Thus Whitehead endeavoured to reconstruct the fundamental categories of physics after having deconstructed classical physics through the relativistic reduction of Being to Becoming. Einstein's theory was to be assimilated to his own paradigm, and at the same time to be criticized in certain points, especially the relation of matter to space-time. Whitehead was not satisfied with the view of matter presupposed by Einstein, according to which spatio-temporal determinations, depending on the configuration of matter, had to be separated from our perceptual experiences. Whitehead claimed that the condition of perceptual situation, which makes the measurement of spatio-temporal magnitudes possible, should be given independently of matter. According to Einstein's theory of general relativity, the metric properties are decided completely by matter. Space-time is said to be "warped" by matter: The "curvature" of space-time is variable, and it may be said "fiat" only when the gravitational field caused by matter is negligible

Whitehead rejected the very idea of the priority of matter over space-time. As was stated before, matter was considered by him as an "adjective" of events, and it can not exert any influence on the essential characteristic of space-time, which should be determined only on the level of events. The existence of matter only concerns accidental qualities of space-time. On this point the problem arises whether the metric properties are considered to be essential or accidental. Considering the contingency involved in the configuration of matter, Whitehead rejected the effect of matter on space-time metric: the very idea that the curvature of space-time is variable should be irrelevant in Whitehead's theory. In The Concept of Nature he wrote:

"'Space caught bending' appeared on the news-sheet of a well-known evening paper. This rendering is a terse but not inapt translation of Einstein's own way of, interpreting his results. I should say at once that I am a heretic as to this explanation and that I shall expound to you another explanation based upon some work of my own, an explanation which seems to me to be more in accordance with our whole scientific ideas and with the whole body of facts which have to be explained."9

The "bending of space" was and is a favorite phrase used by many physicists to explain the meaning of the previously mentioned verification of Einstein's theory at the time of eclipse. It can be paraphrased more exactly by saying that non-Euclidian geometry holds in the neighbourhood of the sun. It was this thesis that Whitehead wanted to replace by his own theory of measurement. Whitehead was convinced that geometry should be distinguished from physics. Geometry represents the uniform elatedness of nature, especially of spatio-temporal relations. Physics treats the contingent properties of nature. These convictions were related to his rejection of scientific materialism and of the bifurcation of nature. The theme of physics, according to him, is not the material things themselves cut off from the perceptual data but the perceived phenomena which show themselves "contingently" in the uniform framework of space-time. The space-time in which material bodies are located, in his view of unified nature, is nothing other than that in which the visual images of them are situated.

Concerning the reason why the uniformity of space-time should be a necessary

condition of measurement, Whitehead wrote:

"By identifying the potential mass impetus of a kinematic element with a spatio-temporal measurement Einstein, in my view, leaves the whole antecedent theory of measurement in confusion, when it is confronted with the actual conditions of our perceptual knowledge. The potential impetus shares in the contingency of appearance. It therefore follows that measurement on his theory lacks systematic uniformity and requires a knowledge of the actual contingent physical field before it is possible. For example, we could not say how far the image of a luminous object lies behind a looking-glass without knowing what is actually behind that looking-glass."10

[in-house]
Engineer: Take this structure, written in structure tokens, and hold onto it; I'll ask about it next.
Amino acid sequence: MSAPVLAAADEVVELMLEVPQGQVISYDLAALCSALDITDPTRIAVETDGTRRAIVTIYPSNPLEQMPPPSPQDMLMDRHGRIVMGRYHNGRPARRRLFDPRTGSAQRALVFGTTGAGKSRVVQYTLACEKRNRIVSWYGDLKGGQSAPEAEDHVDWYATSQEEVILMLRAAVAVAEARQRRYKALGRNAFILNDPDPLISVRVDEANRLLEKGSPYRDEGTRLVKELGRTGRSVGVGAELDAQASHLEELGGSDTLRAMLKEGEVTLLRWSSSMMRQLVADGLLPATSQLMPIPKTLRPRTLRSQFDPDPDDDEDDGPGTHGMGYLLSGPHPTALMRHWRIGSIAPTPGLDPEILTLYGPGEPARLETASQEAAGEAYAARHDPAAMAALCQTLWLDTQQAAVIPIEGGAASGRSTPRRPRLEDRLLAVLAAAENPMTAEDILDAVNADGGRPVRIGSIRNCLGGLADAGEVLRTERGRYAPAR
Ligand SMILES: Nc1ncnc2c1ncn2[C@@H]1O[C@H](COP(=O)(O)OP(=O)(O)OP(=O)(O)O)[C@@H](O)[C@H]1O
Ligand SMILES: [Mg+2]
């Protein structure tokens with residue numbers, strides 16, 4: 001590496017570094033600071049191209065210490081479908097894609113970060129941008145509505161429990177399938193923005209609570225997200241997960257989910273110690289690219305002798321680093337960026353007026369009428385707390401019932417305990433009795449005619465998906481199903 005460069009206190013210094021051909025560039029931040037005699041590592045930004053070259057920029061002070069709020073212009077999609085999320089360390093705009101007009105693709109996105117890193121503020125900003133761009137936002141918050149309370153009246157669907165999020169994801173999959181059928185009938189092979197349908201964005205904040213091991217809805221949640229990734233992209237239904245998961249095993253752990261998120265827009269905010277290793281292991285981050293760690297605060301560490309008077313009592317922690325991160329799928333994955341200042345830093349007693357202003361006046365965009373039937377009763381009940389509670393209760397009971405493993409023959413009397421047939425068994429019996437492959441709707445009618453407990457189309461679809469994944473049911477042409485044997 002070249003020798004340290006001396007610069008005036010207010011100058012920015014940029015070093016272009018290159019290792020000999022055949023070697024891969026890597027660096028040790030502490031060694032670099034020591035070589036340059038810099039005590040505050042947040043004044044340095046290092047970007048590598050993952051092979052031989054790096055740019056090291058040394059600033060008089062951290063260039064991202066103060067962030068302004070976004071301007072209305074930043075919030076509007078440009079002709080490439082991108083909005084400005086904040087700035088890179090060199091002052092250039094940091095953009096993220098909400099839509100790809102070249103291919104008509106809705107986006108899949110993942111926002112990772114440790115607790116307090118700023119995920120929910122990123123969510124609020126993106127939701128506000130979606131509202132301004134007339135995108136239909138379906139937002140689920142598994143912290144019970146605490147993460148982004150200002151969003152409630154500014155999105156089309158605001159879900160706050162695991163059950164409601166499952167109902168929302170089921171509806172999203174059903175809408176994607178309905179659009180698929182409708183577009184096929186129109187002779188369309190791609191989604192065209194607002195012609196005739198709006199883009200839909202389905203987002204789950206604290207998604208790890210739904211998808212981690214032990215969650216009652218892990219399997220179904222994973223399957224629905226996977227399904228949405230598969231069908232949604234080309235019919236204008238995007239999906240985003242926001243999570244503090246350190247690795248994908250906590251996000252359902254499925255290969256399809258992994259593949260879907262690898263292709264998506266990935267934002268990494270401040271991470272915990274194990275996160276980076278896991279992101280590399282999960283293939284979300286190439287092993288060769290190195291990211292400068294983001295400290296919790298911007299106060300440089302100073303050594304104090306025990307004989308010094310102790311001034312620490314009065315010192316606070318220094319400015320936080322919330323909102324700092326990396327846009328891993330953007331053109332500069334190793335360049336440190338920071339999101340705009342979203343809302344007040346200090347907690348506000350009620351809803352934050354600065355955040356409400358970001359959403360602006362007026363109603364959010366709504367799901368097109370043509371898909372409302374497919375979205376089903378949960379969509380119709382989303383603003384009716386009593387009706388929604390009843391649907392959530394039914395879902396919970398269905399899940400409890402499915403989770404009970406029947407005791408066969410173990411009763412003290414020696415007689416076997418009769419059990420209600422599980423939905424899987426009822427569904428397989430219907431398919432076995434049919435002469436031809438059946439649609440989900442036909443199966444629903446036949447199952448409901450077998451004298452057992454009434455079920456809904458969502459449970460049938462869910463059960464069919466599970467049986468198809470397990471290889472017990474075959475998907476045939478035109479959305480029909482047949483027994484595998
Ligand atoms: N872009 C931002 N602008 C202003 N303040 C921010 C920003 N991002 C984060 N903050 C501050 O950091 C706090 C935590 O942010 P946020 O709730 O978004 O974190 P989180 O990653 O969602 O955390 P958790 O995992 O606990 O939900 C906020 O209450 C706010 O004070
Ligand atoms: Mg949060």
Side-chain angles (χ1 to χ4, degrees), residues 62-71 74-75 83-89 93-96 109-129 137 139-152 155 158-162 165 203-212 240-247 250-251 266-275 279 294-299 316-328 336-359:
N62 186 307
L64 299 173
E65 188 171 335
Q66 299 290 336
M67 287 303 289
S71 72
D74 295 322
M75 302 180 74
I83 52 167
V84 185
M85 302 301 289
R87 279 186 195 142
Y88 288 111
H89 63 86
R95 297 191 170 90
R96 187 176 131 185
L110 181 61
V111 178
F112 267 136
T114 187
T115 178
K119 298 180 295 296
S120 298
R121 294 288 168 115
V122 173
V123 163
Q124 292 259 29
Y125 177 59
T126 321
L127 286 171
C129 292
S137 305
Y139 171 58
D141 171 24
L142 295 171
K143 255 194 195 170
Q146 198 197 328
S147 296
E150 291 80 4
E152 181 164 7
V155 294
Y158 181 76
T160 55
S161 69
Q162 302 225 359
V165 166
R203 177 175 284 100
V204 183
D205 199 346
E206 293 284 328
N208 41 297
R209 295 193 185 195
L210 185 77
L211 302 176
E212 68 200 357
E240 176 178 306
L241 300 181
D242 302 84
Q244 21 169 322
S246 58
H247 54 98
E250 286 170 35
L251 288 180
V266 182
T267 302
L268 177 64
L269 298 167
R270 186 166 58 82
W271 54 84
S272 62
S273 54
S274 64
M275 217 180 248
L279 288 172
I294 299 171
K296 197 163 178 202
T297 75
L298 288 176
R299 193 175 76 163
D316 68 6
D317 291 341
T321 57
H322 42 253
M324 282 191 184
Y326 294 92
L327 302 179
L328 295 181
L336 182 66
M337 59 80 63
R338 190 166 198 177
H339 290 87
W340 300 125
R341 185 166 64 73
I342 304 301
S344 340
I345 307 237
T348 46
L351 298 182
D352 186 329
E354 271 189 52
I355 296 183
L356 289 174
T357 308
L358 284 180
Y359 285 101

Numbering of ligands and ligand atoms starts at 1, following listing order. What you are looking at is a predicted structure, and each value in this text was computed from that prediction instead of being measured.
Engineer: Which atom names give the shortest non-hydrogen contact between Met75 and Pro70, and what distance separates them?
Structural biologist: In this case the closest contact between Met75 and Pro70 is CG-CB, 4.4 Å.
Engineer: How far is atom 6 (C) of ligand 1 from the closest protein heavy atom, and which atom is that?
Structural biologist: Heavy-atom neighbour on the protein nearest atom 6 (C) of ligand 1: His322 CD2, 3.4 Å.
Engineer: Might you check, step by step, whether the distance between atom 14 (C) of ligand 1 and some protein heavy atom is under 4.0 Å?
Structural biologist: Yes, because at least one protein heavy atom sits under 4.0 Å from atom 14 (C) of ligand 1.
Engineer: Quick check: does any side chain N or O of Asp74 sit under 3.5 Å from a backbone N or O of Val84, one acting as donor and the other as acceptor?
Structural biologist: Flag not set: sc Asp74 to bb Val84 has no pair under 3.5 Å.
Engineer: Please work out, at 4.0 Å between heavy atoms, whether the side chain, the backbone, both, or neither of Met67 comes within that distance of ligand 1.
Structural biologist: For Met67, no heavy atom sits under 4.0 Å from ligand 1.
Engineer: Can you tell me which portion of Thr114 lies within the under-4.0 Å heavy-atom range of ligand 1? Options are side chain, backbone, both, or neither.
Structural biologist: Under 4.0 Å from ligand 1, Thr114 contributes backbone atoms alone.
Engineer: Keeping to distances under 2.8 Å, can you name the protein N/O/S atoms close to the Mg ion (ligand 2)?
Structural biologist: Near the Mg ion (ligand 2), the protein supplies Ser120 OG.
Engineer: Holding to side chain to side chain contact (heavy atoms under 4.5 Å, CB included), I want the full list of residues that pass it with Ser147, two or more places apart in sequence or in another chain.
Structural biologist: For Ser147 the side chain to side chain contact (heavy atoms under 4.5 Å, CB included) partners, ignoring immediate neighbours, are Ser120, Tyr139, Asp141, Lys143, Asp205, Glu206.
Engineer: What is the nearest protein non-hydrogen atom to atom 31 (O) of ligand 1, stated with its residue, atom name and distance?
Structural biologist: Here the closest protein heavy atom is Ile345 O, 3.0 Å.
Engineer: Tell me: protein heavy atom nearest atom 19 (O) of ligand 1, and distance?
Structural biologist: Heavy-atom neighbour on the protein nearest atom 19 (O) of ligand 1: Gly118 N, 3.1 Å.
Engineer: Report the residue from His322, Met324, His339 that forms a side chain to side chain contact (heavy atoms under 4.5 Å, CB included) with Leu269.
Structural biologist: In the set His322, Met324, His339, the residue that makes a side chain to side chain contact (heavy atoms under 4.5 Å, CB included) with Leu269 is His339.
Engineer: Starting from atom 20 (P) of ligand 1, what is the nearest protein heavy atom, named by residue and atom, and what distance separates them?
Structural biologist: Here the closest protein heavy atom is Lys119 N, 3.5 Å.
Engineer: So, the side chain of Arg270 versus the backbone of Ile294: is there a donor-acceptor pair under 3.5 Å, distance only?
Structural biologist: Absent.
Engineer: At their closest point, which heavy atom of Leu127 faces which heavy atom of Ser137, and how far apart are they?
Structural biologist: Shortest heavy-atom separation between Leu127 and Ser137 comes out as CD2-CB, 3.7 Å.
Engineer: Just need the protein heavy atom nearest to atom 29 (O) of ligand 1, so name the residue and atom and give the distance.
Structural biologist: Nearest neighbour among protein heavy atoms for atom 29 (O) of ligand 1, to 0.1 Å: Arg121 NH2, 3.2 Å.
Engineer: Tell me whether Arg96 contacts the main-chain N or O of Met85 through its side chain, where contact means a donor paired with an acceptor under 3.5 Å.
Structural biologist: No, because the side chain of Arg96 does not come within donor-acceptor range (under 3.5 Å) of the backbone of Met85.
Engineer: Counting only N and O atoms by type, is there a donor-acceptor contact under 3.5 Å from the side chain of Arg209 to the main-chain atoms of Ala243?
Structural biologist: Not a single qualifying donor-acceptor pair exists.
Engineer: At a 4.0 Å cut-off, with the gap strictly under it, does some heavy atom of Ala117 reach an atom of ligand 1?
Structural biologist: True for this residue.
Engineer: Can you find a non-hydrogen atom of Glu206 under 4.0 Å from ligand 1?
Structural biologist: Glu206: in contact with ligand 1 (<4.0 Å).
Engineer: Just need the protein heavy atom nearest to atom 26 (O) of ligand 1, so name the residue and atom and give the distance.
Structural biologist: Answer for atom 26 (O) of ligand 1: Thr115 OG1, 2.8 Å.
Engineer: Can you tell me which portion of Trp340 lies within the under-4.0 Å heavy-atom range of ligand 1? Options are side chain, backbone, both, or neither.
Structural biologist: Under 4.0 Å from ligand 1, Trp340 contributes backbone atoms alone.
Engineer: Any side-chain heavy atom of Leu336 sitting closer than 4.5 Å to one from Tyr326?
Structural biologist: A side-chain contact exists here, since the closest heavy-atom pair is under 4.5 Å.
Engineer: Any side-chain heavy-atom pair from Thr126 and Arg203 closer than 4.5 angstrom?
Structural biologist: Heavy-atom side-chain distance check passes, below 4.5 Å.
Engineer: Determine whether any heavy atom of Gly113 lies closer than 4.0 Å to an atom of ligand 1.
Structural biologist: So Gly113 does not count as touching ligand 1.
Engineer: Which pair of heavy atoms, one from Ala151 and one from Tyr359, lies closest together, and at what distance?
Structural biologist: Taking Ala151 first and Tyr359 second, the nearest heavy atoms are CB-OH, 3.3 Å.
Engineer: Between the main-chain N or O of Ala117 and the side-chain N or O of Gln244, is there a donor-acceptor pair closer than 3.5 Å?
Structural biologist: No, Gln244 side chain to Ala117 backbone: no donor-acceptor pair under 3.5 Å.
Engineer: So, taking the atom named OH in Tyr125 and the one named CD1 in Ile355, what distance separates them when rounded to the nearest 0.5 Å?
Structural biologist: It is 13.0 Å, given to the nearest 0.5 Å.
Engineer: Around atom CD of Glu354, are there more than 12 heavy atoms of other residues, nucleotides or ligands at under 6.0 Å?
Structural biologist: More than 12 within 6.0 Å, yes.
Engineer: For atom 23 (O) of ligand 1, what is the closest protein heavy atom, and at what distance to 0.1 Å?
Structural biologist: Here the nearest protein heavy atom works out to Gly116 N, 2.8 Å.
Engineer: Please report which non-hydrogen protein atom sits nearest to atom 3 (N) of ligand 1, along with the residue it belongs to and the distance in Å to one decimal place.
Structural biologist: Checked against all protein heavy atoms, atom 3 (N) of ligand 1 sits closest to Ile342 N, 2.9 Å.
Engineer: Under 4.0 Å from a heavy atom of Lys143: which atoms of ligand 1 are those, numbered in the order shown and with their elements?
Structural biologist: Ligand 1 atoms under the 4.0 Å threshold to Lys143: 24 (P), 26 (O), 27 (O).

If we are to locate a material body and the visual image of it in the same space, it is necessary that the space should have a uniform structure independent of matter. For example, we can interpret the aforementioned result of Eddington's experiment in such a way that we need not say, "Space caught bending". The experimental evidence for the idea that rays of light are bent in the neighborhood of the sun is that the visual image of a distant star is shifted on account of the intervening sun. But how can we talk about the shift unless we locate two visual images in the same space? As one is observed in the presence of the intervening sun and the other during its absence, the same space is required to have a uniform character independent of matter.

Thus Whitehead set about constructing a gravitational theory according to which rays of light are bent through the physical (contingent) effects of the gravitational field. Whereas Einstein's theory states that rays of light pass straightly (i.e. along a geodesic line) in the "warped' space, Whitehead's theory states that they pass literally along a crooked curve in the "flat" space. There are two points which we must notice here. First, the requirement of uniformity is not necessarily connected with that of the space-time metric. The theory which Whitehead propounded as an alternative to Einstein's postulated that the metric structure of space-time should be uniform, i.e. , it should have the same curvature everywhere. But this is not the only alternative. Adopting Whitehead's paradigm, we can require that only the topological structure of space-time should be independent of matter, and thus a priori relative to measurement. Secondly, as Whitehead himself admitted, the choice of "flat" (Euclidean) space is not an inevitable requirement of Whitehead's theory. Non-Euclidean space, whether it is hyperbolic or elliptic, will do if it has a constant curvature. So we are not concerned with the problem whether space is Euclidean or not.11 The real issue to be discussed is the relation of matter to space-time. For readers who are interested in mathematical physics, I will next explain the difference between Whitehead's and Einstein's theories in mathematical terminology. The reader may omit the next section if he does not want to bother about mathematical technicalities.